Photo: Caiaimage/Sam Edwards
Statutory sex and relationships education: About time
The announcement this week by Justine Greening that the teaching of sex and relationships education will soon be statutory in all schools across the UK is truly welcome, so I apologise if my first response was “About time.”
This is something we have been campaigning for over decades and it is great to see the persistent, painstaking, hard work of so many people and groups finally bear fruit. This really should be a high-five moment…
And yet, I can’t help but survey the depressing landscape we now occupy after decades of piecemeal or paltry provision on this subject. Surveys by groups as diverse as End Violence Against Women and Girl Guiding have produced the following, horrifying, findings:
- Endemic levels of sexual violence and harassment in schools with 5,500 sexual offences reported to police over a three year period including 600 alleged rapes;
- 29% of 16-18 year-old girls experience ‘groping’ or other unwanted sexual touching at school;
- 71% of 16-18-year-olds hearing sexual name-calling such as “slut” or “slag” towards girls at school daily or a few times per week;
- 59% of girls experiencing some form of sexual harassment in school or college;
- 40% of 16-18-year-olds not receiving lessons or information on sexual consent, or not knowing if they did;
Most shockingly, a 2016 Office for National Statistics report showed that nearly a third of all female rape victims recorded by the police are girls aged under 16.
Hopefully, Greening’s proposed change in the law will enable schools to start grappling with these problems. But once again, we are looking to schools to solve problems created, and perpetuated, in wider society and that requires a serious investment of money, curriculum time and training. As the TUC’s Just a Bit of Banter report last year showed, the harassment and sexism that girls are facing in schools is not unrelated to the harassment and sexism that women are facing in the world of work.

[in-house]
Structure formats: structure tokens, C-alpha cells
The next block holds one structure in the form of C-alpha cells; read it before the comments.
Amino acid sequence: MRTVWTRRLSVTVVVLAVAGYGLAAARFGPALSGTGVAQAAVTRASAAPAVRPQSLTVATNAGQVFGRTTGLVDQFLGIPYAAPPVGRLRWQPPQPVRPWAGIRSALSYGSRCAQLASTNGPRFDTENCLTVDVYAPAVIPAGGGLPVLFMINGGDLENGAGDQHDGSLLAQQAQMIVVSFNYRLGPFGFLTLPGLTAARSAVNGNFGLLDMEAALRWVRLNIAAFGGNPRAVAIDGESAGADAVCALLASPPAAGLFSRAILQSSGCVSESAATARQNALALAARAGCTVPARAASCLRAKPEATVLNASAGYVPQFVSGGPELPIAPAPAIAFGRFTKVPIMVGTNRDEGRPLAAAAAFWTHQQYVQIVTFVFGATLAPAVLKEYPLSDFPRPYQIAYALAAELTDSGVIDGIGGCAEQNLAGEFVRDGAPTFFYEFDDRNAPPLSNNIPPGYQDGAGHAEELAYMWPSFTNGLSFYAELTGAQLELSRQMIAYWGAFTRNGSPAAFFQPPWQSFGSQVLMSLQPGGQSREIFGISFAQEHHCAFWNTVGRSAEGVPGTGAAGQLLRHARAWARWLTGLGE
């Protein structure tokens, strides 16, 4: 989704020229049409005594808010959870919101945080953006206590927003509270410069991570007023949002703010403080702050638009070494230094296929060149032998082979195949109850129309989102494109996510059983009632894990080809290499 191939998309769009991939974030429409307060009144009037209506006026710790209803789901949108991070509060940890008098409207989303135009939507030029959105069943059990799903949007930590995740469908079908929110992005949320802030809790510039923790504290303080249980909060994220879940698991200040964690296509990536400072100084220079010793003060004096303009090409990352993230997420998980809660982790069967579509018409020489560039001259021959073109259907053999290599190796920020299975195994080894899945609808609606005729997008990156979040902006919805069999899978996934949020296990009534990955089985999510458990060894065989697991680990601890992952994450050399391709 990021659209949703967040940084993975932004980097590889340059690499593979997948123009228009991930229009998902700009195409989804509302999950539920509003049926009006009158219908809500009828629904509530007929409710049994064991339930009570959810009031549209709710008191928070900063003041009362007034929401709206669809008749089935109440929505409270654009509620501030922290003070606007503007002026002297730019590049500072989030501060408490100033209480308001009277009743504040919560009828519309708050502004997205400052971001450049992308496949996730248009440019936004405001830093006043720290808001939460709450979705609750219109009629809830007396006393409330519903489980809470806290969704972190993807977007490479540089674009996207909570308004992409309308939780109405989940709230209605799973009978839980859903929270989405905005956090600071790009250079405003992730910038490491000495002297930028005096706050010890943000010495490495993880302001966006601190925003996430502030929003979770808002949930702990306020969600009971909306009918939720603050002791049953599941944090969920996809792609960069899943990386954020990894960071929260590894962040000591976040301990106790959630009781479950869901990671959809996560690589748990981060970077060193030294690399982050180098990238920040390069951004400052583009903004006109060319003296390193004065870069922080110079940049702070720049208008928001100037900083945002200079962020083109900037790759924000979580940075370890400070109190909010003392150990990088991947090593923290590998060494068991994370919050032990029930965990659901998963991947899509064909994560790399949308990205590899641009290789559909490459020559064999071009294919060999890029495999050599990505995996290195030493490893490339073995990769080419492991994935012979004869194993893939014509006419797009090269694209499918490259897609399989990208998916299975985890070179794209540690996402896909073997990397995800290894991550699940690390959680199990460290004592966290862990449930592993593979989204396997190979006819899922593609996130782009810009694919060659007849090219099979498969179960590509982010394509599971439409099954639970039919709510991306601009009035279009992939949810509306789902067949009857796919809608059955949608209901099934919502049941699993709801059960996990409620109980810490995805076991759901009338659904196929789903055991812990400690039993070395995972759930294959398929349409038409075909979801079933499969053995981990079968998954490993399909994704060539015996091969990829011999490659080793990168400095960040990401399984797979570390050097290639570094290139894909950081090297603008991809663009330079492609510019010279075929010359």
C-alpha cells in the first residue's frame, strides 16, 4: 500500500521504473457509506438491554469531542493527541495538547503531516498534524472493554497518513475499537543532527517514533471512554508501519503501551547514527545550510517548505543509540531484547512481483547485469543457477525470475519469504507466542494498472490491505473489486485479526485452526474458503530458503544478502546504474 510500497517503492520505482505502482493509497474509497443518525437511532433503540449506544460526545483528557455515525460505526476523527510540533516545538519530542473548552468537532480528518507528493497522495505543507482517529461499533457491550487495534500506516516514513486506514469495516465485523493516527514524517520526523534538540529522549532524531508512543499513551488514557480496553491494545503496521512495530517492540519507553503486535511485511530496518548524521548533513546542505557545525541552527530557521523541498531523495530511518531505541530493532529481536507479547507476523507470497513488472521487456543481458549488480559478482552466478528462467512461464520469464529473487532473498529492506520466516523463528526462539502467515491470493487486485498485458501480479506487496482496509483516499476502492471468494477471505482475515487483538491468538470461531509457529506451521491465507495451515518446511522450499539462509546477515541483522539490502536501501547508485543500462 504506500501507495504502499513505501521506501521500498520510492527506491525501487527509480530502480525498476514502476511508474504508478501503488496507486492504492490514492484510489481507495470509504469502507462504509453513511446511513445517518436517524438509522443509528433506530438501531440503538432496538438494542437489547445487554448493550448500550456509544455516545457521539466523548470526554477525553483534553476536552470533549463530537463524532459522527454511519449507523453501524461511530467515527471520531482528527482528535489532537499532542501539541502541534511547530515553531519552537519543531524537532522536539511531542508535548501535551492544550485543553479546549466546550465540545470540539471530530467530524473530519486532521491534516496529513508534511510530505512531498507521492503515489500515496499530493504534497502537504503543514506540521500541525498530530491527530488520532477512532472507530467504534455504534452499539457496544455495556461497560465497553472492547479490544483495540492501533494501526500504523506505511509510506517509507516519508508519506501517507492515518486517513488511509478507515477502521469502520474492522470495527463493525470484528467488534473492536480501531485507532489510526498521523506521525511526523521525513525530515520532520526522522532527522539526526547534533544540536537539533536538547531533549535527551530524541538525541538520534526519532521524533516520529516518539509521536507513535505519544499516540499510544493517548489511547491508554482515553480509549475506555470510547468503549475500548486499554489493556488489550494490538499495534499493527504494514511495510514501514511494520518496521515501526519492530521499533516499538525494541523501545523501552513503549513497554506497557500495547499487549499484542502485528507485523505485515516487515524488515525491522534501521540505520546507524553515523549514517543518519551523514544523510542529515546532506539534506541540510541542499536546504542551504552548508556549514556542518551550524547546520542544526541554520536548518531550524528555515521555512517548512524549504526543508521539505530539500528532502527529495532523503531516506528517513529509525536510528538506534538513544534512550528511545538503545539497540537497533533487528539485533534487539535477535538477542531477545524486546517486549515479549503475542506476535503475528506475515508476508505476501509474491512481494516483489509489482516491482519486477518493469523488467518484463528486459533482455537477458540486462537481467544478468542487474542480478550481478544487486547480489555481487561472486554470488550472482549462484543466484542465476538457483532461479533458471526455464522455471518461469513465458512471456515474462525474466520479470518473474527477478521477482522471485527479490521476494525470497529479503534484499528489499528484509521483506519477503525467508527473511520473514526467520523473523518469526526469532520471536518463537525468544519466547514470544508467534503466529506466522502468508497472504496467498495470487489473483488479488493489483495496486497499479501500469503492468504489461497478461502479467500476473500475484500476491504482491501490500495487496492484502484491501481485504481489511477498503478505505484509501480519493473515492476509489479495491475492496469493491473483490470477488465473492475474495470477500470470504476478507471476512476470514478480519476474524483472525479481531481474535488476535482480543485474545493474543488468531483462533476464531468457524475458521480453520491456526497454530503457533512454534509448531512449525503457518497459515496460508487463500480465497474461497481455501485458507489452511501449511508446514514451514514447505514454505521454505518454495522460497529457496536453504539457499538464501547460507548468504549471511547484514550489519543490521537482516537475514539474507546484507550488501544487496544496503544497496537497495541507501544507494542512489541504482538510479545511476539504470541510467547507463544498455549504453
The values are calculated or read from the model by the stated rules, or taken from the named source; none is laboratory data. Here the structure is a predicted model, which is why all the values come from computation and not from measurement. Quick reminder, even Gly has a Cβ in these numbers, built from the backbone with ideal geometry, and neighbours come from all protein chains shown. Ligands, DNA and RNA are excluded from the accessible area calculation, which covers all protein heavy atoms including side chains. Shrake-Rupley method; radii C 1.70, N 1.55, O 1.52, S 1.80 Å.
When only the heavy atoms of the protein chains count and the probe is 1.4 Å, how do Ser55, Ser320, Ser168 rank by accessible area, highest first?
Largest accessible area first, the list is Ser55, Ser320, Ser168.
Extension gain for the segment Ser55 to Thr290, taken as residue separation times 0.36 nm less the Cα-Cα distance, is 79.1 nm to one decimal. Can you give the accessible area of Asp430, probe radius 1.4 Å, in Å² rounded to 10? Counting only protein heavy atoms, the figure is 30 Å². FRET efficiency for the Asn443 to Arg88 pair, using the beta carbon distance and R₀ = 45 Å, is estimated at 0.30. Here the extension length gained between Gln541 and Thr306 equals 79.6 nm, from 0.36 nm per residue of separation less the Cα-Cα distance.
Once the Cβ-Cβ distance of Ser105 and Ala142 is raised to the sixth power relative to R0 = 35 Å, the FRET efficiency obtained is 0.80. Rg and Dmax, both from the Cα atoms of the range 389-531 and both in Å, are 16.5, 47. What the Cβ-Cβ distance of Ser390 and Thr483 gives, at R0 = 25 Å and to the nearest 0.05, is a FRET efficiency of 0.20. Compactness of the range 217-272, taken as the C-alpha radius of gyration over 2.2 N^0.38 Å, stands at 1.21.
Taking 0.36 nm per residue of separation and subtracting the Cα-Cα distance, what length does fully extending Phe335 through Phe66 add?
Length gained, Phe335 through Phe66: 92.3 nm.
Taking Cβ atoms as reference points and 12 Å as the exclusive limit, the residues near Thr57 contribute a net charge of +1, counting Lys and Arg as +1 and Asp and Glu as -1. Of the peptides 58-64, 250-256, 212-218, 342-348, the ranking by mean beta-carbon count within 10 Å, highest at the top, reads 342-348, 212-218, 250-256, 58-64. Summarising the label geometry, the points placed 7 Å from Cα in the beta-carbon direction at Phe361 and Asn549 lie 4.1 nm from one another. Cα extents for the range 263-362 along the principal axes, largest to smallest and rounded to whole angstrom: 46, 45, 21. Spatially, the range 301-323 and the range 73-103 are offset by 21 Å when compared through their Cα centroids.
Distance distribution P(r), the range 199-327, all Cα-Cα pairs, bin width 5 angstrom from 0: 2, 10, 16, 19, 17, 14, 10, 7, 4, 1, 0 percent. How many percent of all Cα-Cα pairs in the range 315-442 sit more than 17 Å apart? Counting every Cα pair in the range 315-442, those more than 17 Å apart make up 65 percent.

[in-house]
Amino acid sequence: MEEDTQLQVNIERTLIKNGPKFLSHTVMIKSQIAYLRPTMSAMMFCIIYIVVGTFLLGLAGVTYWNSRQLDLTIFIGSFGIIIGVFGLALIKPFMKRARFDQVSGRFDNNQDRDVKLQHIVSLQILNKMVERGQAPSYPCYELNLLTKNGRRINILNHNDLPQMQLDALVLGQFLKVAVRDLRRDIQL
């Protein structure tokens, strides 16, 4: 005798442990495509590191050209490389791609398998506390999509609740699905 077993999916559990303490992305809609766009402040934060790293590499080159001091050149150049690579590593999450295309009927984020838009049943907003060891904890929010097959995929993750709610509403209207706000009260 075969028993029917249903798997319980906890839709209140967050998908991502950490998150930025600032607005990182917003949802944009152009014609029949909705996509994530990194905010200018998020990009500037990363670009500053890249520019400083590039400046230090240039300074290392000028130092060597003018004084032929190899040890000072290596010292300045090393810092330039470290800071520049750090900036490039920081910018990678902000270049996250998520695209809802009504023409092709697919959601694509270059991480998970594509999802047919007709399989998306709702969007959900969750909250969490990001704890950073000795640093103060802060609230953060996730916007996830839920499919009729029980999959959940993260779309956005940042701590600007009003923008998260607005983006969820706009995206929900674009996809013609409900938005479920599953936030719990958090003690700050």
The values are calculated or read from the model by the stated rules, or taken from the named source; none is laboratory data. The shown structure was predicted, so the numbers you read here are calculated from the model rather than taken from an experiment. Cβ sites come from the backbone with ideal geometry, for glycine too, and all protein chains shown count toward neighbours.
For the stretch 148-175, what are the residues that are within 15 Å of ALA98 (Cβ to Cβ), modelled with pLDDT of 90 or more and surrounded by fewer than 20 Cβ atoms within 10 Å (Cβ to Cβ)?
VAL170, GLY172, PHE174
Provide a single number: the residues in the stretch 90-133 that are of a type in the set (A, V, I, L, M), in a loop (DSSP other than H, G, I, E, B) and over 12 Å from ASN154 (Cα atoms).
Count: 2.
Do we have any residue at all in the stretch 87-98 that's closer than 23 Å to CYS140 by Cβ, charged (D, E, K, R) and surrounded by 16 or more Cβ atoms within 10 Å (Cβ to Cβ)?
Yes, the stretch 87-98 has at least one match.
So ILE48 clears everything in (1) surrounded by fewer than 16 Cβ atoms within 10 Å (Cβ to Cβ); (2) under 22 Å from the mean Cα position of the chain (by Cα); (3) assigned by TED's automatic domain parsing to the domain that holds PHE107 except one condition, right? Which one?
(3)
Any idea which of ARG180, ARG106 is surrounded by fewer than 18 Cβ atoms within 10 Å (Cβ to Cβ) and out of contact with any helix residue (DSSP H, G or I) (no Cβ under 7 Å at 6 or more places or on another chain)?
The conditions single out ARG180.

So far, the details are pretty sketchy. There’s no mention of the need to include the experiences and needs of our LGBT+ young people; how the work will be funded or resourced; what training will be available and who will be involved in producing the resources: it is key that teachers and experts are properly engaged in this process.
And the ‘opt-out’ clause for faith schools and for parents is a mistake. Any curriculum should be developed sensitively and openly but the rights of our young people to be fully informed of the facts and their legal rights should prevail over the wishes of adult individuals or groups. As long as the curriculum follows the law and is transparent, parents and faith groups should make a case for their beliefs outside of schools.
Note, too, the commitment to sex education is missing for the primary phase – a phase in which increasing numbers of girls start the onset of puberty, often without any information about what is happening to them. This can’t be right.
This is a government inflicting horrendous funding cuts to 98% schools across the UK so I’d like to know what money will available for implementation. This is also a government that has pushed schools into an increasingly narrowed curriculum. I hope Greening means it when she says she wants to bring PSHE back into schools because this subject has largely been reduced to the assembly schedule and a few drop-down days.
We have collectively presided over a complete failure to empower and protect our young people or to provide them with the necessary skills and knowledge to build healthy relationships. We will not be starting from scratch; we will be starting from a depressing deficit.
So well done Justine Greening but, honestly, we have a mountain to climb. In the meantime, schools would do well to read the excellent legal briefing produced by End Violence Against Women which outlines the legal obligations schools already have to protect girls from sexual abuse and violence.
We owe them that at least.